Seal Media Group, Australia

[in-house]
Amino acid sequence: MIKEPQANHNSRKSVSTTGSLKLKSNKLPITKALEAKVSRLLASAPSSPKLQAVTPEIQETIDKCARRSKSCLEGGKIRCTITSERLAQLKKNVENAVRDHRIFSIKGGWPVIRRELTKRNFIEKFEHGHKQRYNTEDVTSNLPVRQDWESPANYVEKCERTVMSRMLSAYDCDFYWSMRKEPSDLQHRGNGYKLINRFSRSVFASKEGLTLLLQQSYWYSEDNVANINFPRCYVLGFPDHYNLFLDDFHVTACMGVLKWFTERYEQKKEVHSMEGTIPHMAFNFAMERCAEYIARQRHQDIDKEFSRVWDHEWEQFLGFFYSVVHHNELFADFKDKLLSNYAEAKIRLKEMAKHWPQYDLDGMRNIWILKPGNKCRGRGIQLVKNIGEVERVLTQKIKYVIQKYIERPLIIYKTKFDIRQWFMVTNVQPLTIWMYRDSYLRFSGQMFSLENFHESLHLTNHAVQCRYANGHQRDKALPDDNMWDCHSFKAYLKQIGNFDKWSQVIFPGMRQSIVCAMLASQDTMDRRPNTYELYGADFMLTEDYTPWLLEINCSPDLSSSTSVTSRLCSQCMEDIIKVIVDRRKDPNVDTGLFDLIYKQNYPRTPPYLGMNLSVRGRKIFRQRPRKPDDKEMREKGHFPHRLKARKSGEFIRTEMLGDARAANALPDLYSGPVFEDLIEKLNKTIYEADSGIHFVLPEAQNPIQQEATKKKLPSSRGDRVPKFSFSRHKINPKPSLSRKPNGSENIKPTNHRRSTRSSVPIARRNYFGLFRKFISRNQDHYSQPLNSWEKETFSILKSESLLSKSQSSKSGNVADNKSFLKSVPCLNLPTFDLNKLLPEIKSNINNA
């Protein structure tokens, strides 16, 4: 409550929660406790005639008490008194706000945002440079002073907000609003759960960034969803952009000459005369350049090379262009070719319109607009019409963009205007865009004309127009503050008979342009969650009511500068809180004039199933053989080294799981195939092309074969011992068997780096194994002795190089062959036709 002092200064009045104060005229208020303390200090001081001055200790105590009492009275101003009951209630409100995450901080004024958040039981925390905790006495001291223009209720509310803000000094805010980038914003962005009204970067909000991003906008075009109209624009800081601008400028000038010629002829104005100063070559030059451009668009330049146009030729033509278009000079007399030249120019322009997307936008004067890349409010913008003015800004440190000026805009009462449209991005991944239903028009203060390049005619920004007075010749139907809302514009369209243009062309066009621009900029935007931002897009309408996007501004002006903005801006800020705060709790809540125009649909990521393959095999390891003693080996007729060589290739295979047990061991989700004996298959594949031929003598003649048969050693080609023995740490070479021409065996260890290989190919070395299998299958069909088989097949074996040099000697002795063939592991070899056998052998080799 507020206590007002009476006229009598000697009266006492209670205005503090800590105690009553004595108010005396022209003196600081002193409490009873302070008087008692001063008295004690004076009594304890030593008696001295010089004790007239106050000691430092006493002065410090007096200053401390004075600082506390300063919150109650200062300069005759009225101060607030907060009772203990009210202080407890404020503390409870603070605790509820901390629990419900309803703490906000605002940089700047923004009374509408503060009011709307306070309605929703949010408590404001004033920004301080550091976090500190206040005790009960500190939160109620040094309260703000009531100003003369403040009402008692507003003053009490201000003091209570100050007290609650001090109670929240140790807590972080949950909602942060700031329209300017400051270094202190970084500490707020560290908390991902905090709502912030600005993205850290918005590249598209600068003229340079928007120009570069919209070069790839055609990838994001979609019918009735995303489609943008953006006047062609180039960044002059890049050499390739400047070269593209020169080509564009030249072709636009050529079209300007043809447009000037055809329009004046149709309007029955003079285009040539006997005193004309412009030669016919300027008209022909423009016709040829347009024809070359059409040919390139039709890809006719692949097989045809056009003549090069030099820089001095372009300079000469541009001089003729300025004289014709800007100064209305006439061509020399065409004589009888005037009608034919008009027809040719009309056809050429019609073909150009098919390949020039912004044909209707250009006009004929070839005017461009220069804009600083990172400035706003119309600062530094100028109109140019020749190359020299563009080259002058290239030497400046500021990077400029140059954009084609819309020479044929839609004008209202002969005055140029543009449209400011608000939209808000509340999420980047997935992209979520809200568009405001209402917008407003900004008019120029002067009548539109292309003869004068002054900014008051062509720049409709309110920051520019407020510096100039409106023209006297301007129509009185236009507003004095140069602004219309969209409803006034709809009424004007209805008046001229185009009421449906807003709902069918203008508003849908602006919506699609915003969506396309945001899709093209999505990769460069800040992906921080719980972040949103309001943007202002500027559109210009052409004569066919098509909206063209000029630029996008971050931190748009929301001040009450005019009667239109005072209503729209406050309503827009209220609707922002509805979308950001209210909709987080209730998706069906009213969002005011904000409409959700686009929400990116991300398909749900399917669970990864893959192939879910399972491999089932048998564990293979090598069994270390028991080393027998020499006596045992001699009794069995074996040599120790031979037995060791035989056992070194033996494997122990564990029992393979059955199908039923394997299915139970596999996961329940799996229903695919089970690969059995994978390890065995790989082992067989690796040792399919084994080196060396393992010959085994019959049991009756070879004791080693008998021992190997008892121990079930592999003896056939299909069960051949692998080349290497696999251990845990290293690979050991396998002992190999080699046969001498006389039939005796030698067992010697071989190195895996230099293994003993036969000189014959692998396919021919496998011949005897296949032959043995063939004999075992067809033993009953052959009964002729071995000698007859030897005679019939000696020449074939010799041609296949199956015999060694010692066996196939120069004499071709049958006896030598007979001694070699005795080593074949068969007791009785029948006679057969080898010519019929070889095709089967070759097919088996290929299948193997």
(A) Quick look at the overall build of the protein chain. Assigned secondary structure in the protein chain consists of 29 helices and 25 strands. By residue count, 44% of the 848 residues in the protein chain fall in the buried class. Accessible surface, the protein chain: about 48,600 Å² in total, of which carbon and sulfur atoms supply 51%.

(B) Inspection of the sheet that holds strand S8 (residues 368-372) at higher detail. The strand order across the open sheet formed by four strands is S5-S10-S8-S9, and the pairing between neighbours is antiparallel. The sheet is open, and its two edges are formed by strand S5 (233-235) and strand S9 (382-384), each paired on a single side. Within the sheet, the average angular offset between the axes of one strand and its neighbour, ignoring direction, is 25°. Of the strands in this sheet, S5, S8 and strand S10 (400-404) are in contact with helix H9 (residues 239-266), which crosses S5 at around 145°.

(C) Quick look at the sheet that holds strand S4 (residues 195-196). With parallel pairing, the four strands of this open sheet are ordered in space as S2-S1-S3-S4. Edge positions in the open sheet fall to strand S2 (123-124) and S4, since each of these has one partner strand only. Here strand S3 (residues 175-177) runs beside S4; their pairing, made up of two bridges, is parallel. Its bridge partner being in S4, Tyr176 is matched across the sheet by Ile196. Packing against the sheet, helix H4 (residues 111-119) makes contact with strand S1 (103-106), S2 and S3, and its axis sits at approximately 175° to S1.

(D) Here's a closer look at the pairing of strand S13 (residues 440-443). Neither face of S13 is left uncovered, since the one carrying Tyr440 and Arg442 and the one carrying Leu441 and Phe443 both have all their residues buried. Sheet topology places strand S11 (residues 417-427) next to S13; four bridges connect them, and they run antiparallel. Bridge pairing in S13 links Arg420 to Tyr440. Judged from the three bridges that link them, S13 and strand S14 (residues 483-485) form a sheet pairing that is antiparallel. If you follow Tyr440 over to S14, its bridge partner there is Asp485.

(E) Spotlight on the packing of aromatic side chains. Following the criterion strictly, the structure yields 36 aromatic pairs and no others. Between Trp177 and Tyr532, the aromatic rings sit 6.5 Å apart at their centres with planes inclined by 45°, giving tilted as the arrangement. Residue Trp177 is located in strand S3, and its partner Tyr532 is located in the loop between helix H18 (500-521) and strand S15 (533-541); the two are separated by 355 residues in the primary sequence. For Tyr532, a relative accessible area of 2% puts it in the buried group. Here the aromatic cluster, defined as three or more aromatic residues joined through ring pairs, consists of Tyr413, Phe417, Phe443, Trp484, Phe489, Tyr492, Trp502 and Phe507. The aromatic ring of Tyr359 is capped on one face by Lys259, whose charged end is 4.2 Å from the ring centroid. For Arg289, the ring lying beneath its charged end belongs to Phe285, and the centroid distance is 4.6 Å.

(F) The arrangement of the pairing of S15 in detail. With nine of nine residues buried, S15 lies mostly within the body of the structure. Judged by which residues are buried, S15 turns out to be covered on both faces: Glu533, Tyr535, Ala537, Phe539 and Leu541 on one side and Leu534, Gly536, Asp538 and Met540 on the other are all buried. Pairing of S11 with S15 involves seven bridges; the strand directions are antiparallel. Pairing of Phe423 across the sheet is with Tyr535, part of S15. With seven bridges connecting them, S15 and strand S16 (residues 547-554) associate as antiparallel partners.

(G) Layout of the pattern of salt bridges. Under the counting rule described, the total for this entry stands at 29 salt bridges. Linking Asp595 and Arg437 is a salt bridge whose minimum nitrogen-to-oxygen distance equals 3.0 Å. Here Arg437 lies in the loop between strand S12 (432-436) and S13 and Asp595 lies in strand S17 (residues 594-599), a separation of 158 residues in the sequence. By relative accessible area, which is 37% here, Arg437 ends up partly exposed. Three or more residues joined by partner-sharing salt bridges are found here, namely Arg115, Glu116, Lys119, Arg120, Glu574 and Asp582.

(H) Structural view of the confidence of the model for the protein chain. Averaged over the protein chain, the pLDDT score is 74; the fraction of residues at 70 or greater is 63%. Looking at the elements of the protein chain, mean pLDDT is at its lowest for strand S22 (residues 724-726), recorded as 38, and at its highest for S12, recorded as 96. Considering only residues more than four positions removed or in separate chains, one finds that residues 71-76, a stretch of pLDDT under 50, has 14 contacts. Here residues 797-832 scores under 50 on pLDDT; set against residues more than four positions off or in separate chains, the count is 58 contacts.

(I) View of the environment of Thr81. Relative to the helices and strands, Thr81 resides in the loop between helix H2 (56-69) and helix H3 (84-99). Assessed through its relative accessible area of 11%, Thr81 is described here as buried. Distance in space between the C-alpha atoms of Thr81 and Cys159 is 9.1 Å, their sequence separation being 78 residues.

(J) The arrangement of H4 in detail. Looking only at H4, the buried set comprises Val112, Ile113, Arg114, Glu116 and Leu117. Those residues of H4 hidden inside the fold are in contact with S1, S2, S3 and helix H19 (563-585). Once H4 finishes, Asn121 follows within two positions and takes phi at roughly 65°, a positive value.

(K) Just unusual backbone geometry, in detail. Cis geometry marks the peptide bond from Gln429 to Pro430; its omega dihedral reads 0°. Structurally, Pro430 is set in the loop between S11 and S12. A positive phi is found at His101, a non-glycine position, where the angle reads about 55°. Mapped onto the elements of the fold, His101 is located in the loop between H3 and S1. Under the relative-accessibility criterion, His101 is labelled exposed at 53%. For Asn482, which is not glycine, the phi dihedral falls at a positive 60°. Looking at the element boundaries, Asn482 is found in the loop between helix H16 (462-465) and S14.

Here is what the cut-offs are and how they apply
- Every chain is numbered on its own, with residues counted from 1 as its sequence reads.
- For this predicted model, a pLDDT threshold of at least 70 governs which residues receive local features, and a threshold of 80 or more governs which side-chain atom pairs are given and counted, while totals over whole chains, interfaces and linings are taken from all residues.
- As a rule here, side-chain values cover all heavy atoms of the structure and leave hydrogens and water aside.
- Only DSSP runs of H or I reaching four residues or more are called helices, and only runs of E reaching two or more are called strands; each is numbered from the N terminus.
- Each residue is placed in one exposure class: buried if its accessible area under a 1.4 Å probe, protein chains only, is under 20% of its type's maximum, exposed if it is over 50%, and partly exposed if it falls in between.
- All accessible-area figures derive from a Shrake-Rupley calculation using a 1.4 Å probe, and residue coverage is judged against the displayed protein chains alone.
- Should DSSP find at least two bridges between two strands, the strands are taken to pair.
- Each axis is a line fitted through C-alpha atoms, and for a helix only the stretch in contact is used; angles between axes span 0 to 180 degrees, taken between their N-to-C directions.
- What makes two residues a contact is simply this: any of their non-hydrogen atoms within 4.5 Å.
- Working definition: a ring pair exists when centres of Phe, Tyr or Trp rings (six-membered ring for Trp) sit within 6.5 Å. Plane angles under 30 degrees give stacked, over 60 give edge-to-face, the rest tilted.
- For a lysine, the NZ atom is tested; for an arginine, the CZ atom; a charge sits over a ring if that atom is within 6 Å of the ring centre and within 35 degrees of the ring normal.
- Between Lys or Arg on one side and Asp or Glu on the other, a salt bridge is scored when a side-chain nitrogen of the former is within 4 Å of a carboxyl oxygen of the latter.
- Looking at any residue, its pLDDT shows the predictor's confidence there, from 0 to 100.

As of today, children between the ages of 12 and 15 can be administered the Pfizer vaccine, following advice from the Australian Technical Advisory Group on Immunisation.Joseph Ferguson, 15, and younger brother, Thomas, 13, were among the lucky few to receive a first dose on Sunday, as the Health Department sought to ensure its processes were running smoothly before the eligibility criteria officially changed today.About 24,000 Tasmanian kids now have the opportunity to get vaccinated under the new criteria.Joseph and Thomas’s mother, Angelique Ferguson, who, along with her husband, is fully vaccinated, said she felt “a lot better” knowing that her kids had received a vaccine dose.“We’ve got four children, so we can’t vaccinate the two youngest ones yet,” Ms Ferguson, of Hobart, said. “So it was a really good opportunity to at least get two thirds of our household vaccinated.”“We certainly don’t want to have (our kids) unvaccinated when you see what’s happened in some of the mainland states.”Ms Ferguson, herself a health worker, said the super clinic was “really well-run”.“It was a really easy process,” she said. “The boys were fine and the monitoring afterwards was really thorough, which was great, as well.”“I thought it was really great to see so many people out there rolling up their sleeves to get vaccinated. It’s actually really reassuring.”Health Minister Jeremy Rockliff said he was “very pleased” that younger Tasmanians could now get vaccinated.“There could be no greater incentive to get vaccinated than to keep yourself, your loved ones and your local community safe,” he said.NED-4476-Australia-Vaccinations-by-LGAA state government spokesman said if a child experienced any of the common symptoms after being vaccinated — such as a fever or headache — it was acceptable for a parent or guardian to keep them home from school.“Being unwell is an authorised absence and students are not required to attend school,” he said.As at September 11, Tasmania has administered a total of 508,015 vaccine doses, with 66.6 per cent of the eligible population having received their first dose and 48.5 per cent being fully vaccinated.Cabinet minister Guy Barnett said the government would mandate that teachers and police get vaccinated if public health advice said such a measure was needed to keep Tasmanians safe from the Delta strain.“We will cross that bridge when we come to it. We are keeping up with changing circumstances, taking health advice and responding as appropriate,” Mr Barnett said.He said making vaccines mandatory for all those working in a health care setting was about protecting vulnerable Tasmanians.To book a Covid-19 vaccine for your child, visit the Tasmanian government’s coronavirus website HERE or call the Public Health Hotline on 1800 671 738NED-3589-Vaccine-Passports-graphicCollege students focus of blitzTASMANIA’S college student vaccine blitz will continue this week with nurses administering jabs on campus in the North and North-West.The government’s Covid-19 vaccination schools program moves north on Monday with clinics at Launceston College and Don College in Devonport. The clinics will give up to 300 shots per day at each location to Year 11 and 12 students 16 and over, as well as any unvaccinated staff. Year 11 and 12 students from neighbouring high schools will also be able to access the clinics.Clinics will then head to Hellyer College in Burnie later in the week, Newstead College in Launceston on September 20 and Tasmania’s independent and Catholic schools across the state over the next two weeks.Health Minister Jeremy Rockliff said students and parents/guardians are strongly encouraged to discuss the vaccine beforehand and complete the consent form together.It comes after a superclinic in Burnie administered 1400 jabs on the weekend and 1000 vaccinations went into arms at Hobart’s PW1 superclinic.